assignment three : LUSENET : Walsh Intro to Philosophy : One Thread

Aristotle's "The Rational Life" led me in several different directions. Much of the principle ideas in this essay I agreed and disagreed with, while there were several that were neither completely acceptable or completely unacceptable. Early on in Aristotle's philosophical essay, he tackles the idea of "happiness". His statement about man's identity with happiness being separate from man's answer to "what happiness is" is an acceptable explantation. By differentiating between "doing well and living well" and "what is", Aristotle has effectively represented each one of us (human species)as having identity; an identity that makes one man's idea, or philosophy, of happiness different from his fellow men. Reading further into the article, Aristole seems as though he revokes a degree of man's identity, though. When he talks of the "just and temperate man", he believes that for a man to be considered "just and temperate" he must do something worthy of this; but he must do it as other "just and temperate" men would do them. To me, this takes away a portion of a man's identity; he must do as they have done before. Now, I understand that to be just and temperate, one must take example from those "mentors" before, but nonetheless, it seems as though one would be following footsteps. Aristotle also writes about the final end, as opposed to several subsequent ends. Indeed, I agree that the "final end" that is sought is desireable when it stands alone; it needs nothing ("the other thing")to support it. Accordingly, I believe that "happiness" is final; never needing any backing; able to stand alone. Though, it is evident that today's criteria for happiness is not simply happiness. Today, happiness is to often masked by something else i.e. money, power, etc. My idea, and I believe Aristotle's idea, of happiness could exist without superficial, material shrouding. One area where I found myself disagreeing with Aristotle was with his explanation of the pleasures and pains of life. Here, he made the observation that the "right education" is maintained when a man learns the effects of pleasure and pain in his youth. Basically, Aristotle thinks that it can and should be learned in youth, so as to flush the system of these tendencies. I, on the other hand, feel that life is the road that teaches us and consequently, will rid us or ingrain in us the correct responses to each. Simply, a man's life becomes his experience with these "pleasures and pains"; and to think that this could be wrought in the youthful mind can become an unbearable weight.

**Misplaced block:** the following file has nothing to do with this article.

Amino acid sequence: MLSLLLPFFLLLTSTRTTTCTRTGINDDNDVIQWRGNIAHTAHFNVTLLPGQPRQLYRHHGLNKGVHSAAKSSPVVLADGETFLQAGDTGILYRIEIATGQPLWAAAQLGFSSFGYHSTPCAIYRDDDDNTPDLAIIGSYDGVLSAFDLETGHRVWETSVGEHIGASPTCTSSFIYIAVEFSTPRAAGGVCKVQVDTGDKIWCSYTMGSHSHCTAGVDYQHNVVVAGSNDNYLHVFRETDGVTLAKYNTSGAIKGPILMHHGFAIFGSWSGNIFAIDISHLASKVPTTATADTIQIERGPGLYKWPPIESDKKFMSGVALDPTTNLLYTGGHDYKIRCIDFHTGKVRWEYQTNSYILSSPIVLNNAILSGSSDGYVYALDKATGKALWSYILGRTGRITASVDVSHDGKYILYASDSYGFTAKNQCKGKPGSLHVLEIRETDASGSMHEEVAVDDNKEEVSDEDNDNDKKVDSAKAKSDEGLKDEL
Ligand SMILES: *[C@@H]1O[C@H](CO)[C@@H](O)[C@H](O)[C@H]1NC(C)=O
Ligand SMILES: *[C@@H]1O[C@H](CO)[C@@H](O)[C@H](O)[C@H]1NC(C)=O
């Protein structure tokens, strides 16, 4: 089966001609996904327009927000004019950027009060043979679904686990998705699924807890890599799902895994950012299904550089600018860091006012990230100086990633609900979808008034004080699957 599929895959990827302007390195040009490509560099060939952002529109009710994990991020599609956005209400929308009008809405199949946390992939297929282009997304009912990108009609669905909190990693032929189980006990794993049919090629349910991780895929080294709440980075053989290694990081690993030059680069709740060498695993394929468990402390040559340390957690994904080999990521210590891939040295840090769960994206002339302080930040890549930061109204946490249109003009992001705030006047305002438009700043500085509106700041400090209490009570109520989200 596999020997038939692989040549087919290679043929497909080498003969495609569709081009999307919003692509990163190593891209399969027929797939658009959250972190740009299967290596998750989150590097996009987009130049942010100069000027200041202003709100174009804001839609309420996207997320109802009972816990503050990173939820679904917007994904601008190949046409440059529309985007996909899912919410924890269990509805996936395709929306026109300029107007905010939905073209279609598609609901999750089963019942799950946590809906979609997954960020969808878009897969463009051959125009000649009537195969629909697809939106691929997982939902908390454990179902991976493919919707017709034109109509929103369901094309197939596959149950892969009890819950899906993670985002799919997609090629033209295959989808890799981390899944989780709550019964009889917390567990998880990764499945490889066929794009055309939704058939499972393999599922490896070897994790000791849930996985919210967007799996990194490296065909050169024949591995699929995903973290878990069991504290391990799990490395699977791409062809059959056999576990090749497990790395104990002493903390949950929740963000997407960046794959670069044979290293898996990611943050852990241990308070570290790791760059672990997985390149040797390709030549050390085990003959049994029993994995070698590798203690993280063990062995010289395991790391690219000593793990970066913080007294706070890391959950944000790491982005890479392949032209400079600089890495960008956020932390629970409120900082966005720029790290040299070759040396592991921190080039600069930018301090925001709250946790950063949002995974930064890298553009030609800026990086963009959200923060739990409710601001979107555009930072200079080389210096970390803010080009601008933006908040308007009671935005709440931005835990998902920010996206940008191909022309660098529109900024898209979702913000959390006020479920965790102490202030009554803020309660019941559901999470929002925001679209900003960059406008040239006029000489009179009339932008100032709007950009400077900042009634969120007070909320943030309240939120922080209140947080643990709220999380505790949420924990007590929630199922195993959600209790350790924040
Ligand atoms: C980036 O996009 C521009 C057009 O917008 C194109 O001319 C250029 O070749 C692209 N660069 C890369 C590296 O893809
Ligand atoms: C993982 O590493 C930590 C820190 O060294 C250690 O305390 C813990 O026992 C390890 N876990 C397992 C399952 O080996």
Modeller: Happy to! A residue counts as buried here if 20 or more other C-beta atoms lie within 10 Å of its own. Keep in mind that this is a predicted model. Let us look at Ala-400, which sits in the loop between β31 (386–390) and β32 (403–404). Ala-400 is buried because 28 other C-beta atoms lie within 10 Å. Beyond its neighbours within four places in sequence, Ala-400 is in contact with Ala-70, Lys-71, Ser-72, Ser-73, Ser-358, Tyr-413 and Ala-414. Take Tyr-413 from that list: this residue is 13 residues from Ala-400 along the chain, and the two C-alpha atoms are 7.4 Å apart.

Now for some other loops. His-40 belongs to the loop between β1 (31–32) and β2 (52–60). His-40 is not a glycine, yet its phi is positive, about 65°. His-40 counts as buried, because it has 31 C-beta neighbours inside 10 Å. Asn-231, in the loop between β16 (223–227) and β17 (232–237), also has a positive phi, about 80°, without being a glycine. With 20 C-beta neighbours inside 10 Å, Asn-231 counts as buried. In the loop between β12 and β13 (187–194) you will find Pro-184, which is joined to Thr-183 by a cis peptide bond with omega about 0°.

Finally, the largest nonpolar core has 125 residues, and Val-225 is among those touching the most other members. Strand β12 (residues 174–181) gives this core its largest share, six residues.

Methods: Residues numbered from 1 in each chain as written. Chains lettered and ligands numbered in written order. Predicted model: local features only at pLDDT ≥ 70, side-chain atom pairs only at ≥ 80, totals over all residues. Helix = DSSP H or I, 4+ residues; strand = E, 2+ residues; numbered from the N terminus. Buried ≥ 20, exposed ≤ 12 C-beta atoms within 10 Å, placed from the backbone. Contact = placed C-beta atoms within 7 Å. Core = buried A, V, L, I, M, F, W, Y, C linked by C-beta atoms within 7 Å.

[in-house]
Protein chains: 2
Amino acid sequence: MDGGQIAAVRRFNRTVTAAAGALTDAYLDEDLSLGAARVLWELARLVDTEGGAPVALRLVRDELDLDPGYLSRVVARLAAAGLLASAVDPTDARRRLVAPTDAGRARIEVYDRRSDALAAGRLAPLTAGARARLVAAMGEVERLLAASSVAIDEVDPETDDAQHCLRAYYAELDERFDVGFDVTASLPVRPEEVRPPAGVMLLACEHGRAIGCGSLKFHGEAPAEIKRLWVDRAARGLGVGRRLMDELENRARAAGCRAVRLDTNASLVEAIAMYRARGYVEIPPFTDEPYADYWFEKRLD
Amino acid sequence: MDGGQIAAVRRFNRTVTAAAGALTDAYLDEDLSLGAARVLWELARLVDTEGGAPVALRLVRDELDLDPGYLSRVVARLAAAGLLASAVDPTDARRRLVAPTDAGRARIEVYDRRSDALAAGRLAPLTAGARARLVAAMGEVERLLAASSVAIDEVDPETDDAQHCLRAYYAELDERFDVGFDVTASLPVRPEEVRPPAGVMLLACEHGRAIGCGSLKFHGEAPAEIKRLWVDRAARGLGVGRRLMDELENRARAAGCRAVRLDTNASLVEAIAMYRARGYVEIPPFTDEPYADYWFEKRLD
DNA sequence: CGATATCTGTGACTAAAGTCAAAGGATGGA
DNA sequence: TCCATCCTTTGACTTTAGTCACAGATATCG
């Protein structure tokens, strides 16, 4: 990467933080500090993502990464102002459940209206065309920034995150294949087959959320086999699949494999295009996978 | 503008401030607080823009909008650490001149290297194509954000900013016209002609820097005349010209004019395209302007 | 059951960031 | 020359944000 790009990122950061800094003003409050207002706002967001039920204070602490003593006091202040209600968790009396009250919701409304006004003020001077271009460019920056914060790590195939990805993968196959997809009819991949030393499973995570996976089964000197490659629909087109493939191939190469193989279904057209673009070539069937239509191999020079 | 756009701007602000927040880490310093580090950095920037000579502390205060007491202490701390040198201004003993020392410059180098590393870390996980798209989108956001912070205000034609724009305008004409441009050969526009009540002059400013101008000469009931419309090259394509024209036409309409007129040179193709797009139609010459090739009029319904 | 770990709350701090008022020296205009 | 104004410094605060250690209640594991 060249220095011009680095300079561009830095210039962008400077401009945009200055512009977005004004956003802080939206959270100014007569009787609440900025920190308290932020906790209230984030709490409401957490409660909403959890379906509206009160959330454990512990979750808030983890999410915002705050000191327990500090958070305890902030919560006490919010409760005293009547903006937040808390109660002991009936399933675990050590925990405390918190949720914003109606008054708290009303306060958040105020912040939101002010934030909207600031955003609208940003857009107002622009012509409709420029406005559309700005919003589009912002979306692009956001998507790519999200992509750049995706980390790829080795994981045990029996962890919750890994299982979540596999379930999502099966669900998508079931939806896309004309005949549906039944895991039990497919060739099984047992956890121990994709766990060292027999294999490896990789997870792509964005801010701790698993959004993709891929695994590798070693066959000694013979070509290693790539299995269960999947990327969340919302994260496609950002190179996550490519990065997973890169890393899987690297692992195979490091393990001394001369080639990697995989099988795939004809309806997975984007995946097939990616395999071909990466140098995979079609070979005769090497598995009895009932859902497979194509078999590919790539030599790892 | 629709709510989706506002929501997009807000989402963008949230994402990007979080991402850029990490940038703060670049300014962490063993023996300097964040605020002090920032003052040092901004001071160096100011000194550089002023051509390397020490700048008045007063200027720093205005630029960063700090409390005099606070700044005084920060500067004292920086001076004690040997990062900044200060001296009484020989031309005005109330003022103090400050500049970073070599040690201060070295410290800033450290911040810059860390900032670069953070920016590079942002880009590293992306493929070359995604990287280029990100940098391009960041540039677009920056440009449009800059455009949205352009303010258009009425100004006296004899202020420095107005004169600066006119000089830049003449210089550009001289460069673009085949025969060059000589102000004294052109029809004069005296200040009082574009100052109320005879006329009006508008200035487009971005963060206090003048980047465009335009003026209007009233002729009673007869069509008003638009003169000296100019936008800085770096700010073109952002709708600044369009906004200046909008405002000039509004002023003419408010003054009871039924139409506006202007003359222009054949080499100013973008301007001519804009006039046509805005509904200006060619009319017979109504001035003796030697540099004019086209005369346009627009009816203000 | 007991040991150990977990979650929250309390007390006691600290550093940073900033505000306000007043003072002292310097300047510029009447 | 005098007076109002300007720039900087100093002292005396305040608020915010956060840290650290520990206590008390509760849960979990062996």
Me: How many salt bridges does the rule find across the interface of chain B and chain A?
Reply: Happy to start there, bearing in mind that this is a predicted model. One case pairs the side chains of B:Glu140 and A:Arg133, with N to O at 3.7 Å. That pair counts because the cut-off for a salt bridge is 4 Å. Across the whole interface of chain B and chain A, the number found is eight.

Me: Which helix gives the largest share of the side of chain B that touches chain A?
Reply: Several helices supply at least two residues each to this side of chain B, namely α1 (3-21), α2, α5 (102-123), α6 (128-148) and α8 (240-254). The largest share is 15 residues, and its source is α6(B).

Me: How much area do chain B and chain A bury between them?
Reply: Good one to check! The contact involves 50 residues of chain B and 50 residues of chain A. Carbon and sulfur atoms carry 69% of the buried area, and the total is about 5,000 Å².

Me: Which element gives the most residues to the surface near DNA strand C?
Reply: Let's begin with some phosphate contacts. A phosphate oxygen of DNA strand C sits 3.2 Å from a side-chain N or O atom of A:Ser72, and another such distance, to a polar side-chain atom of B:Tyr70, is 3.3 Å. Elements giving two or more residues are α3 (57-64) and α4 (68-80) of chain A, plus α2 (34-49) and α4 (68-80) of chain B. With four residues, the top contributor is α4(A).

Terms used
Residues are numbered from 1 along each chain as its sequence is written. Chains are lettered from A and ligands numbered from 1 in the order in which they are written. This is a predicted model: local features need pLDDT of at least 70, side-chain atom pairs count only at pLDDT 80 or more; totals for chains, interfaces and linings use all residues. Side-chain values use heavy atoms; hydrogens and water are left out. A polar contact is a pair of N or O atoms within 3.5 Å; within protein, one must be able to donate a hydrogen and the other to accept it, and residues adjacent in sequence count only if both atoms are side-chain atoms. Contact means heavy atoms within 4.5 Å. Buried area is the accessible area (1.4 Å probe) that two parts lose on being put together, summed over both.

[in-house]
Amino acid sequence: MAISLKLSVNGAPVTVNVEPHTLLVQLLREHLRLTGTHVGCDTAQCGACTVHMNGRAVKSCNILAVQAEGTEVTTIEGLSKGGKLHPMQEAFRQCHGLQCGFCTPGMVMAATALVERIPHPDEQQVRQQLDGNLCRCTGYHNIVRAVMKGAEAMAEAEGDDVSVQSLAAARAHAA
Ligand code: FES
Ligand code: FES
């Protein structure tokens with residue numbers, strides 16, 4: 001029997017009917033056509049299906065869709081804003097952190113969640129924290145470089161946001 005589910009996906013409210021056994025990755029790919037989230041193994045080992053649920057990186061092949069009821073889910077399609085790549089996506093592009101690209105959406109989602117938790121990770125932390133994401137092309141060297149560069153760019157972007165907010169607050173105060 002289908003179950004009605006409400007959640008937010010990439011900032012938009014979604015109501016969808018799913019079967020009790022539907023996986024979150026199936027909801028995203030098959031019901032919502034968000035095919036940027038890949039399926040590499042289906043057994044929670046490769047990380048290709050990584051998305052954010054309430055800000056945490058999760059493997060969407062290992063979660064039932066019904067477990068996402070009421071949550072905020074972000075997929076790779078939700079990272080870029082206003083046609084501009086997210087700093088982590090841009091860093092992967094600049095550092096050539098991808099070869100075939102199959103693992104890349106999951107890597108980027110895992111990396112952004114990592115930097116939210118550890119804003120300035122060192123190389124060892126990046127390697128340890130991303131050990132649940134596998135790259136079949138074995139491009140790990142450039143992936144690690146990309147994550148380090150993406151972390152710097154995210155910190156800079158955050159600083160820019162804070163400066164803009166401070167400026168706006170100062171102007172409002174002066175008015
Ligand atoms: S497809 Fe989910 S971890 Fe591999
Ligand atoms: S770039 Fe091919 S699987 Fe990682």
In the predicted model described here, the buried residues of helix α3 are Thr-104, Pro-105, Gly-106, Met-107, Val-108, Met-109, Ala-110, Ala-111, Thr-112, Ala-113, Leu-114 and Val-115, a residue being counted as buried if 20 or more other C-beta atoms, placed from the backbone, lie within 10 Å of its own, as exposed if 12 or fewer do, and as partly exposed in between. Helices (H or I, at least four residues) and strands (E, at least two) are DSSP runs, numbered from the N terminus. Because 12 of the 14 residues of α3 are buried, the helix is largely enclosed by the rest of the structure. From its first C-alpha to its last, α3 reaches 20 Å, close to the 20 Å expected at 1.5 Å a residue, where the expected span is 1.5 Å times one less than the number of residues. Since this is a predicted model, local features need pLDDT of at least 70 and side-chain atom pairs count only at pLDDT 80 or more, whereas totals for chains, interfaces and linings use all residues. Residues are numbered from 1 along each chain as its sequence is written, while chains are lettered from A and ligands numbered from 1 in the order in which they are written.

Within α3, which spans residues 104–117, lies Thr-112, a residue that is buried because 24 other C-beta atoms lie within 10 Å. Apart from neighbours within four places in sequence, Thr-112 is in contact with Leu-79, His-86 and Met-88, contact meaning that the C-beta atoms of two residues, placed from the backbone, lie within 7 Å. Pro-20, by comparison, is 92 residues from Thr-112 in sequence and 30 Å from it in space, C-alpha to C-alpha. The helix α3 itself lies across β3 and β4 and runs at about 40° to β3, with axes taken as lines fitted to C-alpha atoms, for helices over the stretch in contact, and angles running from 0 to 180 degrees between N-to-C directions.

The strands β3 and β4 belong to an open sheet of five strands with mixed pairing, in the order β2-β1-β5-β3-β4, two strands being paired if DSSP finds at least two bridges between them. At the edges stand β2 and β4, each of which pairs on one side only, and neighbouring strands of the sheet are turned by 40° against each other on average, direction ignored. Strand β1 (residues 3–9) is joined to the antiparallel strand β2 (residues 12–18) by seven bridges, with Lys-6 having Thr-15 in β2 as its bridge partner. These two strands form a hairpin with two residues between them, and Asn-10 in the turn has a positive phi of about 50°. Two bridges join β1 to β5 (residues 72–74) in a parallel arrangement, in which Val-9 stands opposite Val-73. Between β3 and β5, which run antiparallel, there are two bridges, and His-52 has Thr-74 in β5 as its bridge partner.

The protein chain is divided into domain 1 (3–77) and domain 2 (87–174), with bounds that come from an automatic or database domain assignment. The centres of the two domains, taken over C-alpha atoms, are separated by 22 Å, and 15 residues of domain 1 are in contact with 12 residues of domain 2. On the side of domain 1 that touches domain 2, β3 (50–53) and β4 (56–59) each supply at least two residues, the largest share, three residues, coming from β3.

-- Anonymous, February 22, 2000

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